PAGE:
The best way to estimate utilities is to ask owners of other small businesses in your area what they are paying. Make sure to find out their square footage and whether they have gas or electric heat. Some landlords include water; others make you pay for it.
Insurance fees depend on your location and the value of your inventory, equipment, and buildout. You are usually responsible for replacing plate glass windows, so make sure to get this covered in your insurance. If the insurance quotes you are getting seem high, it may be worthwhile to join ABA or another organization that offers rates geared toward booksellers.
My accounting fees are based on my accountant doing only my year-end taxes. If you're going to need bookkeeping, payroll services, or more handholding, the fees will be higher. My inventory system, Visual Anthology, charges $600 per year in tech support. I don't pay to get the CD-ROM from Baker & Taylor with all the upcoming books. Instead I just enter them by hand. If you're planning to have an inventory control system, which you should, but you're not a fast typist, you'll probably need to pay for the new release CD, whether from Baker & Taylor, UBIC, or wherever.] 7.2 Financial Capital
All financing will be provided by the owner, Jill Hendrix, from the proceeds of the sale of her New York apartment. Please see accompanying bank documentation in the Appendix.
Table 7.2: Available Capital
[Ideally, you'll have remaining capital leftover in case your sales do not meet plan.
Most used bookstores are financed through the owner's personal assets - a home-equity loan, credit cards, etc. - rather than through a traditional business loan. This is partly because a used bookstore does not require a large amount of funding and oddly enough banks would rather lend more money than less since it takes the same amount of due-diligence and time to lend $50,000 as it does to lend $200,000. Also, banks want to know that your business will have assets that they can easily liquidate if you default on your loan. If you were opening a new bookstore, your inventory could be returned to your distributor but this is not the case with used bookstores.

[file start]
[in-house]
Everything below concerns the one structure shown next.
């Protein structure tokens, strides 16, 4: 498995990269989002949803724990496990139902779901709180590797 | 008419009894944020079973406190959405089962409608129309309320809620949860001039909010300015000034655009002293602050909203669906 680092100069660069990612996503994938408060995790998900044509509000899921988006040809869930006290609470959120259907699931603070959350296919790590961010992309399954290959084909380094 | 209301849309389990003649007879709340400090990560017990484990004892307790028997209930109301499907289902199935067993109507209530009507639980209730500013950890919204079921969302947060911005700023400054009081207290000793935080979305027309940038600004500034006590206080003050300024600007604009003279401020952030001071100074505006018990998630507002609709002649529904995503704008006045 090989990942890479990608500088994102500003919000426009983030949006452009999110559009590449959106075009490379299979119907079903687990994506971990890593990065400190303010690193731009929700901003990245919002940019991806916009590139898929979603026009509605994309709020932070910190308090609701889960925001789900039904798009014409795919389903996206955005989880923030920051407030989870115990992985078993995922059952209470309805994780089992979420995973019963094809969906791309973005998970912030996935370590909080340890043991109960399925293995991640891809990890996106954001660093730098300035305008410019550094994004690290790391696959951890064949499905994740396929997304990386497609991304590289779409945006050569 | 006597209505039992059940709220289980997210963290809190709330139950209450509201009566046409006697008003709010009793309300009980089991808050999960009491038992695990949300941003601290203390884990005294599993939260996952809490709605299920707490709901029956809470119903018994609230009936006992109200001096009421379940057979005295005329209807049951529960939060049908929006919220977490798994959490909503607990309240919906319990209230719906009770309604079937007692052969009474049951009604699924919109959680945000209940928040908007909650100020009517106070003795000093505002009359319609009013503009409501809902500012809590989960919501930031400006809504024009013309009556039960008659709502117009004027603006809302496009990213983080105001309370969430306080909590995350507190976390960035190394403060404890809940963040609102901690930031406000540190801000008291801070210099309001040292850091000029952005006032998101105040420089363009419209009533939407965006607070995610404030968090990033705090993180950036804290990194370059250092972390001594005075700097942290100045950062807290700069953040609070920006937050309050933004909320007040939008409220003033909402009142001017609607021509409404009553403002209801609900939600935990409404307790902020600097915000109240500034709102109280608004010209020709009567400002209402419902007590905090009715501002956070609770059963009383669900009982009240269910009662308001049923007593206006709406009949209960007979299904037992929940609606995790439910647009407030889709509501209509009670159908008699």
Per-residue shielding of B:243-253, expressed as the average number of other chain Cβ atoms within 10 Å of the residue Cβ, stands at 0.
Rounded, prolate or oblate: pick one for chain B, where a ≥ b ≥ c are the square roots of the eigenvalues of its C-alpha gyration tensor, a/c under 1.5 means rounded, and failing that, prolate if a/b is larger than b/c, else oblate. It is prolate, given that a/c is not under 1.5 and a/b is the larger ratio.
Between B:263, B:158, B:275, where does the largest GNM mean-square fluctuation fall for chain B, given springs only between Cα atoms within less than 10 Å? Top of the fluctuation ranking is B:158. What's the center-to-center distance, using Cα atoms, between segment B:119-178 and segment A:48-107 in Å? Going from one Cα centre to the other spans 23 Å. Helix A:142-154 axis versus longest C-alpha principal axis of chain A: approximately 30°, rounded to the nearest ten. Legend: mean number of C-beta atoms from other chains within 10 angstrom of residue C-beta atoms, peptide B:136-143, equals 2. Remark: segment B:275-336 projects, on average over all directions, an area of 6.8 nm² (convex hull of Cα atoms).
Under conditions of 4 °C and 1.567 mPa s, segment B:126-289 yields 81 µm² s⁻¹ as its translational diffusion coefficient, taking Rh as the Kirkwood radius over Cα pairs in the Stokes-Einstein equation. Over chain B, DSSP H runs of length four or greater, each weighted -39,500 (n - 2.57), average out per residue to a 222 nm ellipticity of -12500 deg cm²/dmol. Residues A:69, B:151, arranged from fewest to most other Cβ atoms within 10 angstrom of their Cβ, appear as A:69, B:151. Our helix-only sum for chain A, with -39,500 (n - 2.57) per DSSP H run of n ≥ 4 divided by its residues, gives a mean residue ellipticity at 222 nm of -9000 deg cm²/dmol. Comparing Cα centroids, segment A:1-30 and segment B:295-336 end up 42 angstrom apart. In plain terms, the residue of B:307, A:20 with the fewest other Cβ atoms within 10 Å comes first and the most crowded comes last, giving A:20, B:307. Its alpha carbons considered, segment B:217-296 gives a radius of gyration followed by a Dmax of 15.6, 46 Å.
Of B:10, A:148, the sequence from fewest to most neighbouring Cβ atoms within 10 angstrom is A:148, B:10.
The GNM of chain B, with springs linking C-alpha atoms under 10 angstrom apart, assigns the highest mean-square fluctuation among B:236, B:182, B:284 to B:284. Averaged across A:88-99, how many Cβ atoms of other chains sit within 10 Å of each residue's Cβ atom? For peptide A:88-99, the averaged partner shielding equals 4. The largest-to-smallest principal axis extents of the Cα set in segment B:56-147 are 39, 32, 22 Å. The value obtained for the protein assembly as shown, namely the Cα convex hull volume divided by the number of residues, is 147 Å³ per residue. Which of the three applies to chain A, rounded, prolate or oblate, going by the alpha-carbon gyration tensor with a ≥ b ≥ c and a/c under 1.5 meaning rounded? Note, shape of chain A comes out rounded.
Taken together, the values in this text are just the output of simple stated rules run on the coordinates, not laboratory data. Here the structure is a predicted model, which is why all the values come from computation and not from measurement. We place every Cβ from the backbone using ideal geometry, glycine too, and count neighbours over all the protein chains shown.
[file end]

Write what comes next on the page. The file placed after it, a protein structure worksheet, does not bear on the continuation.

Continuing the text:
Even if you organize your business as an LLC or corporation, keep in mind that you may have to personally guarantee your lease and other large purchases. This means that if your business is unsuccessful, your creditors can come after your personal assets, such as your house, car, retirement account, etc. Please do not start your business with money that you cannot afford to lose and make sure to discuss worst-case scenarios with your spouse, if applicable, before you decide to make the plunge.] 7.3 Break-Even Analysis
Fiction Addiction's breakeven point is projected to occur toward the end of its third year of business, when monthly sales reach $9,991.05 (i.e., yearly sales of $119,892.55).
As a double-check of the sales projections, consider that the initial inventory at our average sales price of $5.50 is $82,500.00. If the average sales price increases 3% each year, the 3rd year average sales price will be $5.84. Thus breakeven yearly sales could be achieved with an inventory turn of 1.4 at starting inventory levels. Alternatively, the owner's remaining capital could be used to add an additional 6,000 books in inventory, which would bring the inventory to a retail value of $122,640.00 and thus require only 1 turn to achieve break-even sales.
[Your break-even point is the point at which your income meets your expenses, including that of your own paycheck.]
2Although the company itself is projected to operate at a profit from inception, that profit will not be great enough to support the owner's living expenses until Fiscal Year 3.
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